What started with 25 boxes four months ago now includes 100 packages of non-perishable goods and a waiting list of needy families across the Midtown Manhattan section of New York City. And according to Rabbi Noach Heber, director of the Chabad Relief Project, the effort by Chabad-Lubavitch of Midtown to feed those who are having trouble putting food on the table shows no signs of letting up.

The project’s food drive event last Wednesday night brought together wholesalers, corporations and other organizations that provided a variety of nutritional staples, and a long table of volunteers at Chabad of the Plaza District on 57th Street. The volunteers packed bran flakes, gefilte fish, tuna, apple juice, and canned fruits and vegetables, as well as sliced turkey into boxes they had just assembled.

“We need a volunteer at each of the food stations, and the rest of you will take a box and roll it down the table,” Heber instructed the nearly 30 volunteers.


As they labeled and stacked boxes, they loaded them into cars and started sending volunteers on delivery loops.

“I expect at the end of the year we should be feeding thousands of people,” said Heber, explaining that he wants people to know that there is a place they can turn if they’re going through hard times. “It’s important to take care of someone’s physical needs before their spiritual needs.”

Erica Weiss, 27, of Chelsea, got involved on the project’s ground level after meeting Heber at a Sabbath dinner. Working tirelessly on everything from volunteer outreach to dividing volunteers into lists and cars, she said she’s passionate about the group’s work and the connections she has made through being involved in the project. She returns to visit, for example, her “adopted grandmother,” a woman she brought a box to once and now sees weekly.

Weiss spoke fondly of the 96-year-old, who lives on the Upper West Side, and the relationship they’ve developed.

“I bring her special boxes,” said Weiss. “I vamp her box up, because I know what she likes and what she doesn’t like.”

The visits are just as much about relationships as they are about providing food, agreed Keren Weiss, 25. She requested to return to the home of a 93-year-old Polish woman she had spoken with on her last volunteer voyage. The woman welcomed her into the apartment and wanted to make her tea.

“She wanted to talk about her family and show me pictures,” said Weiss, adding that they connected over their shared European roots. “It’s nice to be able to bond over that.”

The boxes of food include canned fruits and vegetables, and other sundry items.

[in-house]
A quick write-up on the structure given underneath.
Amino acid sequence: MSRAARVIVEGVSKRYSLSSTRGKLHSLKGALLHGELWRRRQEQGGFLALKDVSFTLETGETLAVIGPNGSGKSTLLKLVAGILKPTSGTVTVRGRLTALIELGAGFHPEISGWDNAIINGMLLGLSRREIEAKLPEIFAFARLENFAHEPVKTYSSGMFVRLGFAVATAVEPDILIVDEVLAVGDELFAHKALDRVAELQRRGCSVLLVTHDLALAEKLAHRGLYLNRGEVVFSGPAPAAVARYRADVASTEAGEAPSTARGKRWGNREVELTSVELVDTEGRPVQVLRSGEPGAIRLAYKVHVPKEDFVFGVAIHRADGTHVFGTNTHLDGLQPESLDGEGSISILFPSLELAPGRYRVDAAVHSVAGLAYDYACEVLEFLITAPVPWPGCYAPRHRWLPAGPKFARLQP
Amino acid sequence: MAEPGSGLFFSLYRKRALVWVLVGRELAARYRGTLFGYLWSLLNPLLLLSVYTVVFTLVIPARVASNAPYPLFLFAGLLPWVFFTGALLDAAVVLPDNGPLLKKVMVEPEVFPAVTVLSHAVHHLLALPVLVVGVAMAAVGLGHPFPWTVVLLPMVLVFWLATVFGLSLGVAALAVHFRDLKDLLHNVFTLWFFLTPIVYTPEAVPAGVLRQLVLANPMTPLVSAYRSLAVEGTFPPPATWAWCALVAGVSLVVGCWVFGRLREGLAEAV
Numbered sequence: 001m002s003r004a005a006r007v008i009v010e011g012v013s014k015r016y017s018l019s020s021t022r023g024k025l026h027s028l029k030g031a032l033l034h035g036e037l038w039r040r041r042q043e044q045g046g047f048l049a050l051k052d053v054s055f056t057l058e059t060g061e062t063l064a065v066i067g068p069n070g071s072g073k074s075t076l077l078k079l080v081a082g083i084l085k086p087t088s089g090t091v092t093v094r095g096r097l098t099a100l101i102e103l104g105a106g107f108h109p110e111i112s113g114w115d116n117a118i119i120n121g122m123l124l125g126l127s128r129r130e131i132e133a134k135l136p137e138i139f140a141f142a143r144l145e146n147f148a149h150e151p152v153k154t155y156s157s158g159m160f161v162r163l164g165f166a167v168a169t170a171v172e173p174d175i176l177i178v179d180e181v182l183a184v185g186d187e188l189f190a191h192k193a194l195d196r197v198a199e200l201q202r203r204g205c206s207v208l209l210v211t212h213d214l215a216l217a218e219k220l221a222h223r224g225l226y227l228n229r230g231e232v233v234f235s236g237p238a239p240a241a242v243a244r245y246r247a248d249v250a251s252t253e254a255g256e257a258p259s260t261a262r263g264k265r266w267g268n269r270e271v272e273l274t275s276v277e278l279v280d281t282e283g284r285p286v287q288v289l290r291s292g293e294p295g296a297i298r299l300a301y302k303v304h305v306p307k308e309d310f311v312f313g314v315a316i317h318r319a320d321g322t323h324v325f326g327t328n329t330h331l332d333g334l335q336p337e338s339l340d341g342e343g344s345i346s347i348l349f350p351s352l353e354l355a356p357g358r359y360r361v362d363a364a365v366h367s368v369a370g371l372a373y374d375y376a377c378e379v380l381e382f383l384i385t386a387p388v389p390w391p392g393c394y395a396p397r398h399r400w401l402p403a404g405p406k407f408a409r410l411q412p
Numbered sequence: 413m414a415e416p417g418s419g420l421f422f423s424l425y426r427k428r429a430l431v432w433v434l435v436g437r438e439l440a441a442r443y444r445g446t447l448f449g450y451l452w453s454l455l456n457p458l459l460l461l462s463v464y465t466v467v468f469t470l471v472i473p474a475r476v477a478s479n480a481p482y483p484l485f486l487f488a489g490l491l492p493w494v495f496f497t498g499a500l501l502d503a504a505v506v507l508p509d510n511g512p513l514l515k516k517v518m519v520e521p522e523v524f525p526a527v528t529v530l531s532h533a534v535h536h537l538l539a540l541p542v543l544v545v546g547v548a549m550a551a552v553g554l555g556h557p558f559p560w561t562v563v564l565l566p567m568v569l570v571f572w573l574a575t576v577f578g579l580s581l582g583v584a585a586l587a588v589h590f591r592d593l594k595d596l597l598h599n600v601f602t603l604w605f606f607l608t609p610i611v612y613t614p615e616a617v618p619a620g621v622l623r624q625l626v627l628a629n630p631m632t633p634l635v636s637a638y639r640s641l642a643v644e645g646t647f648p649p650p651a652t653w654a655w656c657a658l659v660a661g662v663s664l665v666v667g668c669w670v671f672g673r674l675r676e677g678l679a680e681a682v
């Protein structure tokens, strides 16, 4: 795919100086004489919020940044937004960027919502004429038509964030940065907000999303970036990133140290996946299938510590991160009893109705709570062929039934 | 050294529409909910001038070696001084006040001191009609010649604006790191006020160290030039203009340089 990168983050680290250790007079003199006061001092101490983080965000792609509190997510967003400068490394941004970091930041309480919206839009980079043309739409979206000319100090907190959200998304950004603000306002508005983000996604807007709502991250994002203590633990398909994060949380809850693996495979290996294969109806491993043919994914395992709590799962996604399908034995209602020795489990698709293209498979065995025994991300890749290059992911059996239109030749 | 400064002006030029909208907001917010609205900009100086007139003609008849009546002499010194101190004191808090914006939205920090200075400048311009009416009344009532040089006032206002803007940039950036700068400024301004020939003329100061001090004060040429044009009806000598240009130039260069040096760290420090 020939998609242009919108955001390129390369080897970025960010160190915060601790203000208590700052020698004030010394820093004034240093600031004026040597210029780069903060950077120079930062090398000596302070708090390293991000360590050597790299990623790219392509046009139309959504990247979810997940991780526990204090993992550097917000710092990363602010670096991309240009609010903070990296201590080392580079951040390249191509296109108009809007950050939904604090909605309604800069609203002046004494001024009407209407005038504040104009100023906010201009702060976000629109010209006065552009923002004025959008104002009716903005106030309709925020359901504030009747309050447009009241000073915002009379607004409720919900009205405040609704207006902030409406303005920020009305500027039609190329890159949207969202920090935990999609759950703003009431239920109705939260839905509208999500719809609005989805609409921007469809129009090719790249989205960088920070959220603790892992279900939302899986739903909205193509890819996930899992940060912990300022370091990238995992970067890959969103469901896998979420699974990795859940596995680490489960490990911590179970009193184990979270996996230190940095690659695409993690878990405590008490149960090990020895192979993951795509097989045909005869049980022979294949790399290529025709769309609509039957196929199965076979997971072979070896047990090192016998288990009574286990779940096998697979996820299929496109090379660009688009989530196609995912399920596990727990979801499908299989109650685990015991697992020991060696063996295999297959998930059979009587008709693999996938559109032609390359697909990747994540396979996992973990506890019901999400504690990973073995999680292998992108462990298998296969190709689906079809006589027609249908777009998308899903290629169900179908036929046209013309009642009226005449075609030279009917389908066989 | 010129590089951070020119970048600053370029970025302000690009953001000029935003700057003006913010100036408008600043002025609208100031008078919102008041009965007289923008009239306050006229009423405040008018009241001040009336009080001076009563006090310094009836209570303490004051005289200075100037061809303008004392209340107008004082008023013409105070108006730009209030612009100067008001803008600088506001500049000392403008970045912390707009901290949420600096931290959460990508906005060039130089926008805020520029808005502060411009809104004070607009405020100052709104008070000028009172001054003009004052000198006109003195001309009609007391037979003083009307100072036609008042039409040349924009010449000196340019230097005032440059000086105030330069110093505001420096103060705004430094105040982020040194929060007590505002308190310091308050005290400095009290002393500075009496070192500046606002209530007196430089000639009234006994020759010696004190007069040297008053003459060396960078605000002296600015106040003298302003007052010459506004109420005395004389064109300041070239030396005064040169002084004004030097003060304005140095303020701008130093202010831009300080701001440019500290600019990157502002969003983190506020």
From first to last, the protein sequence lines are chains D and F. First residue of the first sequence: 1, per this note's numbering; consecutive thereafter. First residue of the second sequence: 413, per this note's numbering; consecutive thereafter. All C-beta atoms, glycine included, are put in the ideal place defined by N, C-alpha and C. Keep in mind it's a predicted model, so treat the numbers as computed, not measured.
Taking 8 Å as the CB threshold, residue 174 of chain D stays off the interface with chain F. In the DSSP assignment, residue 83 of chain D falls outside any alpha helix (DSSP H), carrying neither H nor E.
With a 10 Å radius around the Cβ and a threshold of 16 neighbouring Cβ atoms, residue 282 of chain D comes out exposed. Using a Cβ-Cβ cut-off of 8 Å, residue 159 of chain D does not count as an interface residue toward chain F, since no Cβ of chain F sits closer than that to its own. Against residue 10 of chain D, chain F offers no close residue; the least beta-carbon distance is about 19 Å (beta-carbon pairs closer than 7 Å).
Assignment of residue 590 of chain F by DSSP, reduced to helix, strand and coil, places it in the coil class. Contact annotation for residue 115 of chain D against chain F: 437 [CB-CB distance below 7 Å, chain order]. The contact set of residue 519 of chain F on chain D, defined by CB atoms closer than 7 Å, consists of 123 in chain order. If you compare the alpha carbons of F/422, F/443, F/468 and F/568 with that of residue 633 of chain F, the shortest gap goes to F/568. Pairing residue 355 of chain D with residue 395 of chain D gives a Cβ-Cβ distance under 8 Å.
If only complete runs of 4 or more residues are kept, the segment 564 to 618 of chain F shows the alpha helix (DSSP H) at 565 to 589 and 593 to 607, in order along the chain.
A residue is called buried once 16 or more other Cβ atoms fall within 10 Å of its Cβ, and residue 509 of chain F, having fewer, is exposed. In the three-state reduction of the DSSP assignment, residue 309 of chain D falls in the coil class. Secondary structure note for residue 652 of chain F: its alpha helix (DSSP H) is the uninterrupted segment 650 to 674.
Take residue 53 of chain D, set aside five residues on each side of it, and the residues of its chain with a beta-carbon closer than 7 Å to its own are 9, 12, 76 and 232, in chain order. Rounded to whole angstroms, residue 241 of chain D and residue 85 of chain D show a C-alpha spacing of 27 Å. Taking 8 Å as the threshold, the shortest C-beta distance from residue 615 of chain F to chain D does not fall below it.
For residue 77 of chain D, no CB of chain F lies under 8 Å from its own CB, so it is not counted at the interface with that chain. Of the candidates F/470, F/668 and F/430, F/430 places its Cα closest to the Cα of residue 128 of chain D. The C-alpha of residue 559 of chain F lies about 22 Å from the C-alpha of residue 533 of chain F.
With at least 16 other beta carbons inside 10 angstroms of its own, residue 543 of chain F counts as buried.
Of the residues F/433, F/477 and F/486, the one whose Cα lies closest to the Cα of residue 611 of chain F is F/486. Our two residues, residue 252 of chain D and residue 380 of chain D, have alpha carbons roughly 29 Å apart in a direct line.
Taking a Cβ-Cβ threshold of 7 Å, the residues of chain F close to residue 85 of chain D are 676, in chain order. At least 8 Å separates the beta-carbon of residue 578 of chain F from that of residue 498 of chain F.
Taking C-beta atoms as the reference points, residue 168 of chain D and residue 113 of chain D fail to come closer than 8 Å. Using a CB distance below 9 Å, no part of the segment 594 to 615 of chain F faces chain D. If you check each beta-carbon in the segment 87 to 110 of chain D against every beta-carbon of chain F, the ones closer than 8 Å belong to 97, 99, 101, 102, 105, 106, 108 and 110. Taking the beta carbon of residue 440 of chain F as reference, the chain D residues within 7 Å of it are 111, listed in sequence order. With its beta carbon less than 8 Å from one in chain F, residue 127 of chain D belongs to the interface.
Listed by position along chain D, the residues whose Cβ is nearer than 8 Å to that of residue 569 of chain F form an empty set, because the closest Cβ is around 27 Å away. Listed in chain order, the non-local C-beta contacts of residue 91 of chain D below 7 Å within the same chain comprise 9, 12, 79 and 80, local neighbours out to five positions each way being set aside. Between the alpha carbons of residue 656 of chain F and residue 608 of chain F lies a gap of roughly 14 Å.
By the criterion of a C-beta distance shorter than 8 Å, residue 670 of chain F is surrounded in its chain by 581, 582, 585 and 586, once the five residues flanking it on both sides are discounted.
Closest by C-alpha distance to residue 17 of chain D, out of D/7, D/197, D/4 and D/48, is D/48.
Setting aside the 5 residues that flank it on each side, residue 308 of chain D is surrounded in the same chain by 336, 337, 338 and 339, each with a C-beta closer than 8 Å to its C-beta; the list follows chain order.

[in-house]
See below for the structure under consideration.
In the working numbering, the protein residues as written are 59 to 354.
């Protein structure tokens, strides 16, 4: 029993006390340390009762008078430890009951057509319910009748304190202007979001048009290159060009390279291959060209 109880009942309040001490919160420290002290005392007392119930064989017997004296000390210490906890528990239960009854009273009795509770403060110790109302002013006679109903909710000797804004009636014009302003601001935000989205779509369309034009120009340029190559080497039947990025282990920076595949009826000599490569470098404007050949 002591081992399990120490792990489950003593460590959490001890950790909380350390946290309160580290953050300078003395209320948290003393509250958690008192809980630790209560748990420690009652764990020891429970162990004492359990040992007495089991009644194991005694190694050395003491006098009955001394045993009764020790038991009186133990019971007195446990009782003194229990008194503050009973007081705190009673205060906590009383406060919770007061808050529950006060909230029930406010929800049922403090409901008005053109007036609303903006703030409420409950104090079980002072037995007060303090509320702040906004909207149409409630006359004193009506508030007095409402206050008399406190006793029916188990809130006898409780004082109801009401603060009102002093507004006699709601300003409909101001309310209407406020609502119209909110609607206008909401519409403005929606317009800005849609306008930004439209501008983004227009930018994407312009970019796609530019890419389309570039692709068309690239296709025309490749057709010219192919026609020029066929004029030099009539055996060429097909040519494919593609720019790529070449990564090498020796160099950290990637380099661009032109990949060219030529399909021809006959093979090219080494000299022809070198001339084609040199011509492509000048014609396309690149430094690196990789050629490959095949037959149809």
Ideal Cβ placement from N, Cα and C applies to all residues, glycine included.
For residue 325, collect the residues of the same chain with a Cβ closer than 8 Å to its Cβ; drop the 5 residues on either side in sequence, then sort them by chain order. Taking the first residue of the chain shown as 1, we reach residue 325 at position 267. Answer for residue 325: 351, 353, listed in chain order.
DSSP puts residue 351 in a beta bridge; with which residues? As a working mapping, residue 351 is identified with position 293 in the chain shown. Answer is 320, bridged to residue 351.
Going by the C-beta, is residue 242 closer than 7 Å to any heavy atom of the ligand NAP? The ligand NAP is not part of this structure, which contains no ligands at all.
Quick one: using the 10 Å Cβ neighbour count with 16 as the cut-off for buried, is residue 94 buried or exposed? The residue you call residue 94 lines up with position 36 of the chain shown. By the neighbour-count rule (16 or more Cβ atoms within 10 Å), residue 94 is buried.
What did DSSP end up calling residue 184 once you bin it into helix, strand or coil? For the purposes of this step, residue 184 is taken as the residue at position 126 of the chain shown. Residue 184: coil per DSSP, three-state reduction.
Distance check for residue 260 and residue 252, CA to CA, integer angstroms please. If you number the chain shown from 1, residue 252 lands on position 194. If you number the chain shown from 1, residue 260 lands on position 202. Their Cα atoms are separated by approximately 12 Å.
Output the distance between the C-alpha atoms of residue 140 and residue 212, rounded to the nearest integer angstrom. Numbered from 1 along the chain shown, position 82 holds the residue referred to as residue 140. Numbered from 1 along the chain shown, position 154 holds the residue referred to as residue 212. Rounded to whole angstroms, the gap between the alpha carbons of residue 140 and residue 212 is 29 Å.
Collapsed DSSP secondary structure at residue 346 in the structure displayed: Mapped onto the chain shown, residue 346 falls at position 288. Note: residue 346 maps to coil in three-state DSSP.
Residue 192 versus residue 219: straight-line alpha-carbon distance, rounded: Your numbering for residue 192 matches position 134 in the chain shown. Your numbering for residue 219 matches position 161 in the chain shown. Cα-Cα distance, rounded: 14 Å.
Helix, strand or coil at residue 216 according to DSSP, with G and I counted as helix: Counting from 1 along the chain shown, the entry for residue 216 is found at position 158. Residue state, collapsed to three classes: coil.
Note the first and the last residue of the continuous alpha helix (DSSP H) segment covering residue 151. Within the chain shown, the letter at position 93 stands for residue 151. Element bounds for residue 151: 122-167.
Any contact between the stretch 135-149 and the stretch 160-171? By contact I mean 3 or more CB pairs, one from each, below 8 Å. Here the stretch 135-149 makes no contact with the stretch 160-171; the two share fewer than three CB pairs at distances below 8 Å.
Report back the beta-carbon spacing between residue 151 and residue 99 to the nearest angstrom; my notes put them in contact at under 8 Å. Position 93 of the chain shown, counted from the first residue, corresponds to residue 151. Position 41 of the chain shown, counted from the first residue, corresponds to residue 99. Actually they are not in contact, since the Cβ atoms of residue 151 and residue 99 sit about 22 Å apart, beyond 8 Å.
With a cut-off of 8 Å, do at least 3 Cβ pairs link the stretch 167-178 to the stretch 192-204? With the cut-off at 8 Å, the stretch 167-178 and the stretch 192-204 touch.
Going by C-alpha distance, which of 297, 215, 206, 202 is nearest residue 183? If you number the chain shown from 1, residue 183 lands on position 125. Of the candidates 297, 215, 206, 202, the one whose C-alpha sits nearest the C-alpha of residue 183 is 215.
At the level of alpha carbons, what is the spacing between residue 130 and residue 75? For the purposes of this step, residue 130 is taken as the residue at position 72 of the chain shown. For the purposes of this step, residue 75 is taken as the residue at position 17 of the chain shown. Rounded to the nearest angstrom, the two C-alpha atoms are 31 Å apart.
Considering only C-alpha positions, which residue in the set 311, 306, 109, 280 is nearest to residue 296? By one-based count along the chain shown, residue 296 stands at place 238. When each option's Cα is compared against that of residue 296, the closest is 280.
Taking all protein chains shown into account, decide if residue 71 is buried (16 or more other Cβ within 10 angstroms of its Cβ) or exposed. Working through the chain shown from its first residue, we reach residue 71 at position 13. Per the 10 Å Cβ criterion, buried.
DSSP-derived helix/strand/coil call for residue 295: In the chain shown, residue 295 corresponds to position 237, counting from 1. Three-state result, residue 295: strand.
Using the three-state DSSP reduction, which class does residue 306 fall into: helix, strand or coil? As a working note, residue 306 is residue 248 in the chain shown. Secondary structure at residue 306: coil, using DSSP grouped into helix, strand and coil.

The boxes of food include canned fruits and vegetables, and other sundry items.

A Family Affair

Binyomin Dubroff, a project administrator who works with the students, young professionals and families on the Chabad Relief Project and other Midtown programs, calls the effort the start of something big. He looks forward to the project growing out of its current location and into a warehouse setting, with weekly or bi-weekly deliveries supplanting the current monthly drives.

“You’d think that in the city people don’t need food, but the truth is, there are needy people everywhere,” said Dubroff.

Edan Harari, 32, who lives in Manhattan and works as a medical massage therapist, found out about the volunteer opportunity through a friend. He felt it was powerful to be able to help provide people with something as necessary as food. After packing boxes with the group, he set out in one of the cars delivering the boxes around the city.

“When you live in contribution and you are giving to others, you are doing what I feel our purpose is here in the world,” he said.

Other volunteers similarly heard about the project by word of mouth, at a Sabbath meal, or as part of various Chabad activities geared to young professionals. Sara Lenowitz, 22, said she was glad to see so many people there, adding that she values the atmosphere Chabad creates.

“It’s so nice and warm,” she said. “I don’t think you find that everywhere.”

She’ll be on the lookout for more volunteer events, she added. “I wish they had more of them.”

Daniel and Leora Rosenberg, who have helped see the efforts from a vision to their current iteration, have been telling their daughters Natasha, 8, and Mikayla, 5, about the volunteer project for about a year. This time, they brought the girls along.

“We thought they should be exposed to a bunch of selfless Jews getting together to help the less fortunate,” said Daniel Rosenberg.

It’s an example they’re proud to set for the girls, explained Leora Rosenberg. “You hope the little eyes and ears are going to be listening and following in your footsteps, as we did to our parents.”

Gabi Todd, 12, of Brooklyn, came with her mother and 13-year-old brother to be part of the project. In addition to helping people get food, she likes getting to make people happy.

She said she hopes more kids will get on board: “They should do it because it makes you feel really good inside. You know you changed the other person’s life, too.”